The man who collected Ryan Braun’s sample is revealed

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Ryan Braun made some pretty strong comments yesterday about how his urine sample was handled by the collector, saying that he was a “victim of a process that completely broke down and failed.”

We’re still hearing different information regarding where the sample was stored in the collector’s home — some reports say it was stored in a cooler in his basement while others say it was left in a tupperware container on a desk — but the identity of the collector is no longer a mystery.

Jeff Passan of Yahoo! Sports reported yesterday afternoon that the collector’s name is Dino Laurenzi. He has collected specimens for MLB since 2005 and even the NFL and NHL through his job with Comprehensive Drug Testing, Inc.

The Associated Press left a message on Laurenzi’s cell phone seeking comment, but they were able to speak with the collector’s father, Dino Laurenzi, Sr. He said his son was a collector for baseball’s testing program and is currently at spring training. He didn’t know his son was involved in Braun’s case, but said that any accusations about his conduct “would be unfounded.”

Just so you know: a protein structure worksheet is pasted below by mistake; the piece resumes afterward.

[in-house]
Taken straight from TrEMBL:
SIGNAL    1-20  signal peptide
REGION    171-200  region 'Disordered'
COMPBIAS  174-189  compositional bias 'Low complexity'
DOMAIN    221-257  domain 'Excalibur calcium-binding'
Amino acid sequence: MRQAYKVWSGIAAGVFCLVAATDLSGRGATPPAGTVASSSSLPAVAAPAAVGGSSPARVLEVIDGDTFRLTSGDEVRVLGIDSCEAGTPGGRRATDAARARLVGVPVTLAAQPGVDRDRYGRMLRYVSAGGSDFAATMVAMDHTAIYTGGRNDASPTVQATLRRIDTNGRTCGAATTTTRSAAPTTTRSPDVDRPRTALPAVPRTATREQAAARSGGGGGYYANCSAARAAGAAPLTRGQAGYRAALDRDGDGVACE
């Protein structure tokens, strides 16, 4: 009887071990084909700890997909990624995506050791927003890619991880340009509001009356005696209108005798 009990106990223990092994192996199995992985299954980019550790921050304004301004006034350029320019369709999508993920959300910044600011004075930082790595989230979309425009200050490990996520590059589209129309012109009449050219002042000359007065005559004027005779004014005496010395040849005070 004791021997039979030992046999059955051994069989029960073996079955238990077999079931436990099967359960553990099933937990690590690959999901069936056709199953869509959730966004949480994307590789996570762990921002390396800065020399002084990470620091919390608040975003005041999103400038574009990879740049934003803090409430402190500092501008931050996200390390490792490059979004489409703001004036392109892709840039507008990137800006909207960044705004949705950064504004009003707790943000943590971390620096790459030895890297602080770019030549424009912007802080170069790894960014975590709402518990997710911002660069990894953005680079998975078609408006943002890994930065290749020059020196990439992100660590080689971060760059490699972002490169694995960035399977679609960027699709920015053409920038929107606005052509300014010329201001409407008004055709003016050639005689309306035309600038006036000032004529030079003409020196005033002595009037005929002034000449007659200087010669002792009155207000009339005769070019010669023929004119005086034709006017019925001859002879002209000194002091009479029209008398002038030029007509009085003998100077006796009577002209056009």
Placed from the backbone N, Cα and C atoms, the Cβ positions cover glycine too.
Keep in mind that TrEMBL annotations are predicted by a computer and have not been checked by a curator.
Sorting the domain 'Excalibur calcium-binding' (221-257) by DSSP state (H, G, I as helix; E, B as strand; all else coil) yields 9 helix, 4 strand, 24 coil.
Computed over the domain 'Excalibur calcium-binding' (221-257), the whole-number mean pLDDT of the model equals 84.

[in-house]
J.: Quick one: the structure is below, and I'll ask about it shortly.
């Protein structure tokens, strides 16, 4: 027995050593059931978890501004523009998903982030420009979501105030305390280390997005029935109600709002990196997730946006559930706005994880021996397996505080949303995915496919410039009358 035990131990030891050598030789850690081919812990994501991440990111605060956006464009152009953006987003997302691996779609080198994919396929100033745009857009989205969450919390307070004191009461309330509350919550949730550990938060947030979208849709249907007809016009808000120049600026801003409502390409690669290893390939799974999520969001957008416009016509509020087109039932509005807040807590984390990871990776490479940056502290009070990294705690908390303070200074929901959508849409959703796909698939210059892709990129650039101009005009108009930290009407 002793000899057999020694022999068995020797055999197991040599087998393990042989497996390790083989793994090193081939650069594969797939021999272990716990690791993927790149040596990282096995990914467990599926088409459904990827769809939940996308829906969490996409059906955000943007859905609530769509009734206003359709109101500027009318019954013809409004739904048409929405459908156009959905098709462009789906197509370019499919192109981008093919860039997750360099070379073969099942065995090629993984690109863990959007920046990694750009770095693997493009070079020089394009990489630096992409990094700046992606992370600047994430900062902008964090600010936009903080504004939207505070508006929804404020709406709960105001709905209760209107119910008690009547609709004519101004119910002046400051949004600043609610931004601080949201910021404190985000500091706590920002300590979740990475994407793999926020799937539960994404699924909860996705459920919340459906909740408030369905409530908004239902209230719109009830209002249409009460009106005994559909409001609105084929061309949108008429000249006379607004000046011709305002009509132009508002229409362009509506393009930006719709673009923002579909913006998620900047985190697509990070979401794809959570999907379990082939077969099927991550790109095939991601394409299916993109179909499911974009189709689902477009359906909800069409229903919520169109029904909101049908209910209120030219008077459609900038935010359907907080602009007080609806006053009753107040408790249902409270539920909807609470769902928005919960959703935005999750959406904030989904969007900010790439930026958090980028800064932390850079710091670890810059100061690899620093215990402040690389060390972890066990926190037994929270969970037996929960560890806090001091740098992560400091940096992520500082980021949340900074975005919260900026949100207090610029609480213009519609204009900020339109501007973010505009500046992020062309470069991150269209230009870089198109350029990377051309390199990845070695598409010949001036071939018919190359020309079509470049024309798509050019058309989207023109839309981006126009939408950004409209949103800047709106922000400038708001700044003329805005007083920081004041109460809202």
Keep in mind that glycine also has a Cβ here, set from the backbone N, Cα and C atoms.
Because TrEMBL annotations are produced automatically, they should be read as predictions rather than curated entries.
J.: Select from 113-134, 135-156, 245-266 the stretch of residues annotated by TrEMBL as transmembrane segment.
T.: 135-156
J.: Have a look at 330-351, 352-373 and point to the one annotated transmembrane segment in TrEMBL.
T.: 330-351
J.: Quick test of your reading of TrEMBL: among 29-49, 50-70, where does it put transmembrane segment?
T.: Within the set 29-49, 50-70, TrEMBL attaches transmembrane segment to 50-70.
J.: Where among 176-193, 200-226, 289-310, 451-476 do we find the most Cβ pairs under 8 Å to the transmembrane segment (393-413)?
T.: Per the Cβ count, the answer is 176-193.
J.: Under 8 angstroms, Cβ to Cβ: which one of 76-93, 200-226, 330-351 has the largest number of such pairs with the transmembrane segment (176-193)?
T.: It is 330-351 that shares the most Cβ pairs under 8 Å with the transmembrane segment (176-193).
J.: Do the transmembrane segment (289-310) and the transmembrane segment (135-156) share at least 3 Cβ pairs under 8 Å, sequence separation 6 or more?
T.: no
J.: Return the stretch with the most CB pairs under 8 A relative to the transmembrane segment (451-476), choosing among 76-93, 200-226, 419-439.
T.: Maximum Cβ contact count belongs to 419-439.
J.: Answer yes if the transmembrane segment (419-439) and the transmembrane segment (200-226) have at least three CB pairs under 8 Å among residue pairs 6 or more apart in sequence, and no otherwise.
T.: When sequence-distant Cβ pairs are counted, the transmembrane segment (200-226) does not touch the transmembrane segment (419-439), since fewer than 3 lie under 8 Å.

“He’s a straight shooter. Never been in trouble,” Laurenzi Sr. said.

Laurenzi sounds like a pretty experienced individual by all accounts, so one wonders who stands to benefit by revealing his name to the press. It’s probably not Braun or even arbitrator Shyam Das.

Tigers sign Edwin Espinal to minor league deal

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Free agent first baseman Edwin Espinal has signed a minor league deal with the Tigers, the infielder announced Saturday. The move has yet to be confirmed by the team.

Espinal, 23, capped a seven-year run with the Pirates’ minor league affiliates in 2017. He split his season between Double-A Altoona and Triple-A Indianapolis, batting a cumulative .294/.327/.447 with 15 home runs and 31 doubles in 532 plate appearances. While he’s raked at nearly every level so far, he also profiles well on defense, and rounded off his 2017 performance with a perfect fielding percentage, 208 putouts and a Gold Glove award.

Espinal is untested at the major league level and it’s not yet clear if he’ll make the jump in 2018. He showed some positional versatility during his time in the minors, however, and could take reps at third base or DH if necessary. The Tigers are reportedly on the lookout for pitching depth and left-handed bats — two bills the right-handed Espinal doesn’t fit — and presumably have a lot of moves left to make this winter.